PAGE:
Oprah Throws Money at the Lindsay Lohan Problem

The XX Factor
What Women Really Think
July 16 2013 1:19 PM

Oprah Throws Money at the Lindsay Lohan Problem

Lindsay Lohan, through the years. Obviously what this woman needs is a reality show.

Photo by Santa Monica Police Department via Getty Images

Lindsay Lohan has lined up her first post-rehab gig: After she finishes her latest court-mandated stint of drug and alcohol rehabilitation this month, she’ll sit down for an exclusive interview with Oprah Winfrey, then star in an eight-part documentary series for Winfrey’s OWN network. Lohan will reportedly earn a $2 million paycheck—plus the aid of two assistants and a stylist—for the work.

Amanda Hess Amanda Hess

Amanda Hess is a Slate staff writer. 

“It’s fantastic,” Lohan’s mother, Dina, said about the deal. “If there’s any mentor you could choose, there’s nobody better than Oprah. This is a great opportunity for Lindsay. We are all very excited about it.”


The deal looks less good for Oprah. This is the “You get a car! You get a car! Everybody gets a car!” of celebrity interventions. Oprah has been throwing money at problems for decades, from the time she pledged $10 million to house displaced families in the wake of Hurricane Katrina to the time she awarded a lifelong housekeeper with a year of free maid service (and a tiara!). Oprah’s giveaways drum up publicity for her media properties while cementing her reputation as a selfless humanitarian. But cash flow is the least of Lohan’s problems. Wealth fueled Lohan’s propensity for crashing fancy cars under the influence of expensive drugs; it’s not going to help her kick the habit.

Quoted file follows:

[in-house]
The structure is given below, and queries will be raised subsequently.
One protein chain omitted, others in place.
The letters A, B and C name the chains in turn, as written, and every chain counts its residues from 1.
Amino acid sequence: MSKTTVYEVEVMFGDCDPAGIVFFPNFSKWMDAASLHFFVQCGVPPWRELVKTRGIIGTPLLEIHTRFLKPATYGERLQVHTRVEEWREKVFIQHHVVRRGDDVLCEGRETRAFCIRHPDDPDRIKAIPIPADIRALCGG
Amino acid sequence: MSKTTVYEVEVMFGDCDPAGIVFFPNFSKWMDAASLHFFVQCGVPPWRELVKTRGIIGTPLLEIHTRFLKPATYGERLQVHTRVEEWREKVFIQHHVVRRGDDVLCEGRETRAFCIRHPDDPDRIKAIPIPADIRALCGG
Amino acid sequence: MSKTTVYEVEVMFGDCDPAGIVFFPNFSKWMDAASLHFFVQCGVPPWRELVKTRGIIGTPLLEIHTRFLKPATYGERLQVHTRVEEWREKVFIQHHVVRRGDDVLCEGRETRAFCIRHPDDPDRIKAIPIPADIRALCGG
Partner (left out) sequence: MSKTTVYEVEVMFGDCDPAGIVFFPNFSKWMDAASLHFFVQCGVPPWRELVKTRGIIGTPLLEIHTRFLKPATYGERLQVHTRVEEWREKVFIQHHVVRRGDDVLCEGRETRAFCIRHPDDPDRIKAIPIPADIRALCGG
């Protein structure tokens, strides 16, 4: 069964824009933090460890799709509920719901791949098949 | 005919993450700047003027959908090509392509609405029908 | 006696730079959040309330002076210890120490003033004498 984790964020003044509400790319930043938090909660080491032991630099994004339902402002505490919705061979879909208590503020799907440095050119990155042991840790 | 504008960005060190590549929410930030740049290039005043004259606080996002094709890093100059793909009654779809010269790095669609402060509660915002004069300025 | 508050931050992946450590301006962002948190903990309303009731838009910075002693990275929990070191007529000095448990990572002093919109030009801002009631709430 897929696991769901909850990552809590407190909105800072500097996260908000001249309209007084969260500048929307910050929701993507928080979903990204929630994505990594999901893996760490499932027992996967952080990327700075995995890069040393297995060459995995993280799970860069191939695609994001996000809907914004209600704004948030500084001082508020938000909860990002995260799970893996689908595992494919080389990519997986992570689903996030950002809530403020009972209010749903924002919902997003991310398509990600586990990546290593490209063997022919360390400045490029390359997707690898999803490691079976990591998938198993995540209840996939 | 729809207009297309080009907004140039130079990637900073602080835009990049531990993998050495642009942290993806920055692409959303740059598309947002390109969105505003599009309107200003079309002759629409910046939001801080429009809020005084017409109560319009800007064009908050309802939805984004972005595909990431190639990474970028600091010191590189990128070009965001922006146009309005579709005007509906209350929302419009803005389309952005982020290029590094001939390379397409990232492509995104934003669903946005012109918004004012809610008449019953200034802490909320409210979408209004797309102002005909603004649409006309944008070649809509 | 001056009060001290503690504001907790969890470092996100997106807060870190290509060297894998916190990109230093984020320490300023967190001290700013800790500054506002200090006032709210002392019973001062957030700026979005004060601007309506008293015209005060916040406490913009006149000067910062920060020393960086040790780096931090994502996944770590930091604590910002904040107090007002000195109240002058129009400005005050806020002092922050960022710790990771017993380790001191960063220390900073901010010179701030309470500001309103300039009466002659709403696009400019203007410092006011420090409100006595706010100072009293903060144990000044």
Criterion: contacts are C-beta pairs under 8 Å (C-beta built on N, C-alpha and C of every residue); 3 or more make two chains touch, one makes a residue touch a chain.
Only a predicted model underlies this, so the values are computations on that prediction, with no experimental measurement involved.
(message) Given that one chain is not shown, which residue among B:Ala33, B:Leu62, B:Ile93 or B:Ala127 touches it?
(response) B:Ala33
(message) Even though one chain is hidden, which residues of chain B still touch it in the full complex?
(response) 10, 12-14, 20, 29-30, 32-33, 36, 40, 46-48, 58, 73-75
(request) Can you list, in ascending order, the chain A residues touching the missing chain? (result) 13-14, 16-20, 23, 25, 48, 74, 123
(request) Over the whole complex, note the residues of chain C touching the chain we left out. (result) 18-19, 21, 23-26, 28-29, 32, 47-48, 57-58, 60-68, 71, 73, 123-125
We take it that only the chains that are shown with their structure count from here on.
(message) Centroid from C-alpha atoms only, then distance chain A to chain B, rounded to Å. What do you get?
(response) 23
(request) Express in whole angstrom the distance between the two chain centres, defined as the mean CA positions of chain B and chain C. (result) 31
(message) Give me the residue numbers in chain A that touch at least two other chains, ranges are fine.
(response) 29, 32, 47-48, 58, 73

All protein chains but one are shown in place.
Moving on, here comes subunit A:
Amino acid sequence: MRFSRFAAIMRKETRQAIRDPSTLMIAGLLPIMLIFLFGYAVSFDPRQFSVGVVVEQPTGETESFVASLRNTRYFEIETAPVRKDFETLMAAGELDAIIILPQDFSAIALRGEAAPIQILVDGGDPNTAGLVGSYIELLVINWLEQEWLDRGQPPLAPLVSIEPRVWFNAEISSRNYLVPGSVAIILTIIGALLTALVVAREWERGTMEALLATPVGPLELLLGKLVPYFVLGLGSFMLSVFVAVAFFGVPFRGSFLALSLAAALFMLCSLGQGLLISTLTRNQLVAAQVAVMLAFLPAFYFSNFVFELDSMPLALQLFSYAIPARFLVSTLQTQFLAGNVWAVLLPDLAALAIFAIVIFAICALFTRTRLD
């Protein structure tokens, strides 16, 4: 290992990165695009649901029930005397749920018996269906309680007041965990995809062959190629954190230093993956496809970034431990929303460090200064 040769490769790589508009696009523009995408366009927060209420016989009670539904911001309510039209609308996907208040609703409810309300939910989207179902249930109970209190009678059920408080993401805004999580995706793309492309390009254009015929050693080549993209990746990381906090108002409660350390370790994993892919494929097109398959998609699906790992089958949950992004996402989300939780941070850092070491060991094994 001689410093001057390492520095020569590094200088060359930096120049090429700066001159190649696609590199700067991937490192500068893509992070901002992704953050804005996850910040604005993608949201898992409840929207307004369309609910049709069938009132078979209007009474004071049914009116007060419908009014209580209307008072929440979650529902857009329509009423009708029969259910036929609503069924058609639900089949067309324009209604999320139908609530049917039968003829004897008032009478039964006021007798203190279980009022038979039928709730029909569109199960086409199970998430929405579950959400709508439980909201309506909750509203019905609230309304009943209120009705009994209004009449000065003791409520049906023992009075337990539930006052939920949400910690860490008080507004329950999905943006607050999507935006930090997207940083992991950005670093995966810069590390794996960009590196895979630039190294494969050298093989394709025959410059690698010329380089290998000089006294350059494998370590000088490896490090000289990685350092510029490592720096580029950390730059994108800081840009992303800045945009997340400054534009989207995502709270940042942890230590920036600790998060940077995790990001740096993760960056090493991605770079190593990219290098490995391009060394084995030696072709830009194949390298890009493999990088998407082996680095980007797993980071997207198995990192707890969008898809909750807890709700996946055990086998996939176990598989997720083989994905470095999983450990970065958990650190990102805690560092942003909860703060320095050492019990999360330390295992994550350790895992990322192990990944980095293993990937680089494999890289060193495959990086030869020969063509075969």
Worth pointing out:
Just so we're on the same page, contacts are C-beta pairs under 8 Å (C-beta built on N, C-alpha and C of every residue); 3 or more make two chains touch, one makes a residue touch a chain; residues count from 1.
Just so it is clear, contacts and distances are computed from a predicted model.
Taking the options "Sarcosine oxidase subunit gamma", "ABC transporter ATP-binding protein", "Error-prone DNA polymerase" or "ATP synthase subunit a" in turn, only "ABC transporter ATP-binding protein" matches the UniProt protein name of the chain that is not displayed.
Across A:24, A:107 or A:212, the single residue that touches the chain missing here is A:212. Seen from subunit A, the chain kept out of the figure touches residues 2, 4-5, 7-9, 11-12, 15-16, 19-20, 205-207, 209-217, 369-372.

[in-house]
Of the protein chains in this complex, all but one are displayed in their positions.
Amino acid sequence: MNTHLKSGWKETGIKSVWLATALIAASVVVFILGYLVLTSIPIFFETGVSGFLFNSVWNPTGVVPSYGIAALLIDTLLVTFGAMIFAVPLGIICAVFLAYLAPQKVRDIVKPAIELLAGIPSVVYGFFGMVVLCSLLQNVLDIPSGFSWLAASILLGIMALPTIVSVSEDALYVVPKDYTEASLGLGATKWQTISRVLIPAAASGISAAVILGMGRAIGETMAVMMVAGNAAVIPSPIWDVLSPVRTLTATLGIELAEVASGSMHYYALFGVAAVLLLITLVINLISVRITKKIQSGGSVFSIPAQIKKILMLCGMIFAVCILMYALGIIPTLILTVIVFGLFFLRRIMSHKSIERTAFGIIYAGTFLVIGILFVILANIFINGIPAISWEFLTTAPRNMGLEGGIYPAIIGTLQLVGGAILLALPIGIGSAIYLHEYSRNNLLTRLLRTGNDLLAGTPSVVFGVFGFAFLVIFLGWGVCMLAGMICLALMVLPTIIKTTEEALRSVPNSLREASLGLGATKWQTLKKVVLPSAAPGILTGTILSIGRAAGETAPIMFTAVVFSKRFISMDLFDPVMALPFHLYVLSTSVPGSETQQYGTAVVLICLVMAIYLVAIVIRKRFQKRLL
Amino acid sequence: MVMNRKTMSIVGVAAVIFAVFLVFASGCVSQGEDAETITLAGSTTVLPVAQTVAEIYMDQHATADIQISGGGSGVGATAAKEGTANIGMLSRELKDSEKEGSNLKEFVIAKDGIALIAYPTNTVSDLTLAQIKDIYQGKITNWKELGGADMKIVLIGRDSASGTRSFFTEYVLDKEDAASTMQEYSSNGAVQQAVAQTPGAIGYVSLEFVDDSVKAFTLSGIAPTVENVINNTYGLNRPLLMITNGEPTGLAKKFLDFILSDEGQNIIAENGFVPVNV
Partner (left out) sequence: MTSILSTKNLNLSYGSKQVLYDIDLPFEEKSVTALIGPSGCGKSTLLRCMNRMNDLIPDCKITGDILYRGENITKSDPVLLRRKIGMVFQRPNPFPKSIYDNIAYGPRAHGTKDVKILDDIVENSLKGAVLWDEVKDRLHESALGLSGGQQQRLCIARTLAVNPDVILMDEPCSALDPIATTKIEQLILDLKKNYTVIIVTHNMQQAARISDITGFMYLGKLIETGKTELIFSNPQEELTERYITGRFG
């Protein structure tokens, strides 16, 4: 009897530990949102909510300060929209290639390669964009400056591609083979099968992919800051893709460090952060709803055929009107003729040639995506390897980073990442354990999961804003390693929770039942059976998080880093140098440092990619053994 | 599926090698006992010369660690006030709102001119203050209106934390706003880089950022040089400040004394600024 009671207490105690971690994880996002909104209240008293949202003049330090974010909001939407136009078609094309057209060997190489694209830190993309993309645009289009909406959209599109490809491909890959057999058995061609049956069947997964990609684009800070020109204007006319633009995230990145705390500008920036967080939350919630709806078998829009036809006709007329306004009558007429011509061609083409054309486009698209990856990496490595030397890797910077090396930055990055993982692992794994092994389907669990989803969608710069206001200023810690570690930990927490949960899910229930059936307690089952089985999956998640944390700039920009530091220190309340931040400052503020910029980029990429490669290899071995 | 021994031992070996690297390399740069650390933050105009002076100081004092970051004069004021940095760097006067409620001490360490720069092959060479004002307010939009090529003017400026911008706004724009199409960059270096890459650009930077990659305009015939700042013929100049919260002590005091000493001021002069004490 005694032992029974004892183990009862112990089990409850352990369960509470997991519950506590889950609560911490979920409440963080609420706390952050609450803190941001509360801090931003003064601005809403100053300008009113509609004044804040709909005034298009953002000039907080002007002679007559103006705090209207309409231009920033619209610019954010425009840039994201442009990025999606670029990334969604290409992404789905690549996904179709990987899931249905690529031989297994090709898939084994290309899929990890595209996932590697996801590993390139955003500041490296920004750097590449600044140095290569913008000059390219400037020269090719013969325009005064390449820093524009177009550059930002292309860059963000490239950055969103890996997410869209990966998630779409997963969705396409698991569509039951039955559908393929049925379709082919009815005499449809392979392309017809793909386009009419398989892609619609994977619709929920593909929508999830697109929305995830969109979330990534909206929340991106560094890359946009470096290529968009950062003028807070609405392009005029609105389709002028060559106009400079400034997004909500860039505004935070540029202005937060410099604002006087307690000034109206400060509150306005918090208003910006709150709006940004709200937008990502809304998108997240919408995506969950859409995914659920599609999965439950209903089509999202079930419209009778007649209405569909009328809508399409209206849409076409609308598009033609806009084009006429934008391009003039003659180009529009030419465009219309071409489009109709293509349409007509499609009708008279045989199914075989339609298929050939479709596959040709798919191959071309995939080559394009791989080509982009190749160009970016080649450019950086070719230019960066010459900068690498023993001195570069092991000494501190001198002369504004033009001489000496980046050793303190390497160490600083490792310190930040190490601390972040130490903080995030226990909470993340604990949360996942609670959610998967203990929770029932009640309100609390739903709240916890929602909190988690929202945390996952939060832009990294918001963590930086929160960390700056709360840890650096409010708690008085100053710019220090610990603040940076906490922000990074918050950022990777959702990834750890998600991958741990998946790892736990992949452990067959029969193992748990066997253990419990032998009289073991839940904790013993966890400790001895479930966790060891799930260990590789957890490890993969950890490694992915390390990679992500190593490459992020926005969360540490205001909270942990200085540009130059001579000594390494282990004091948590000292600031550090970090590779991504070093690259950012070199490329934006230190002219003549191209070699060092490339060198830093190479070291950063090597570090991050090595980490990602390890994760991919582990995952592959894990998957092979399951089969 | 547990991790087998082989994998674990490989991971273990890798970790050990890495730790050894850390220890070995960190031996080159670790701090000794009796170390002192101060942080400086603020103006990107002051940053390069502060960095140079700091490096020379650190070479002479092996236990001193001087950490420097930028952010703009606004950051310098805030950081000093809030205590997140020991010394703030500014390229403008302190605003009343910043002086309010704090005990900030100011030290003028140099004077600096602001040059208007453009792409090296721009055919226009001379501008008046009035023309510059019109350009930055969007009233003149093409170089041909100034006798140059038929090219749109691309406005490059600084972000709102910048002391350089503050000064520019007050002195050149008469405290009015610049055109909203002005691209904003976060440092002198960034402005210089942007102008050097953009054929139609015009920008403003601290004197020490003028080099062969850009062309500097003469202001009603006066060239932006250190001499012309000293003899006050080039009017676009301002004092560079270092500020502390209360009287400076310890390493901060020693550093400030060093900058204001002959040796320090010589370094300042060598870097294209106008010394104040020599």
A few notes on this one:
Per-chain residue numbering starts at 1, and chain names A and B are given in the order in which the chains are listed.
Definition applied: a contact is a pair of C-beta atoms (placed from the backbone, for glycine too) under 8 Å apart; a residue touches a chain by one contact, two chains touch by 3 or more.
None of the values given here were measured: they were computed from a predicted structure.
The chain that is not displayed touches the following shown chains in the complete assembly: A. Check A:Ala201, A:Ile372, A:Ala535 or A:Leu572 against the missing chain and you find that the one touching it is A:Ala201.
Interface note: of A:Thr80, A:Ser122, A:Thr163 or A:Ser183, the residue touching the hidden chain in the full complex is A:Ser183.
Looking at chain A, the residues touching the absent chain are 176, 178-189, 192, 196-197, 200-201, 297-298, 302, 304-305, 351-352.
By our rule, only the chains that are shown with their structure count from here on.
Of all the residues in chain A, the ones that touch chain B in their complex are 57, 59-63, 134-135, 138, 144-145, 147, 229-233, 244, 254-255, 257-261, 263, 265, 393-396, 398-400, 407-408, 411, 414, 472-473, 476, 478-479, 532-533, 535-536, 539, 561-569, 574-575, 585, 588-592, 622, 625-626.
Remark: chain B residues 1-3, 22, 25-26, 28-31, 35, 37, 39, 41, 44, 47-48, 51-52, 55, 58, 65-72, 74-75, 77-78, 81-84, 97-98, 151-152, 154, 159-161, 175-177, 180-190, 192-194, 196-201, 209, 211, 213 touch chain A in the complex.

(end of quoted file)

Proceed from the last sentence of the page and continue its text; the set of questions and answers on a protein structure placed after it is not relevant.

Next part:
The OWN series will reportedly follow Lohan “as she works to rebuild her career and stay healthy.” If Lohan manages to follow that script, it will be the performance of a lifetime. When she exits rehab to film the show, she’ll do so against the advice of her facility’s counselors, who have urged her to commit to the program past her required 90-day stay.

Every time Oprah awards new cars to her studio audience or whisks her viewers away to a Disney park, she's only required to keep her recipients smiling for the length of the episode. She films a couple of joyrides then moves on to her next project while her gift recipients deal with the consequences of her generosity: In the case of the car giveaway, each audience member walked off set and into a $7,000 tax bill over the "gift."

The eight-episode Lohan series may bring Oprah big ratings, but it also carries a reputational risk: This time, it will be more difficult to hide the fallout of her deep-pocketed enabling. Luckily for Oprah, that might actually make the show worth watching. And if Lohan fails to shape up under Oprah's tutelage, she can always schedule another live confrontation a la James Frey to shame Lohan for wasting her generous opportunity.


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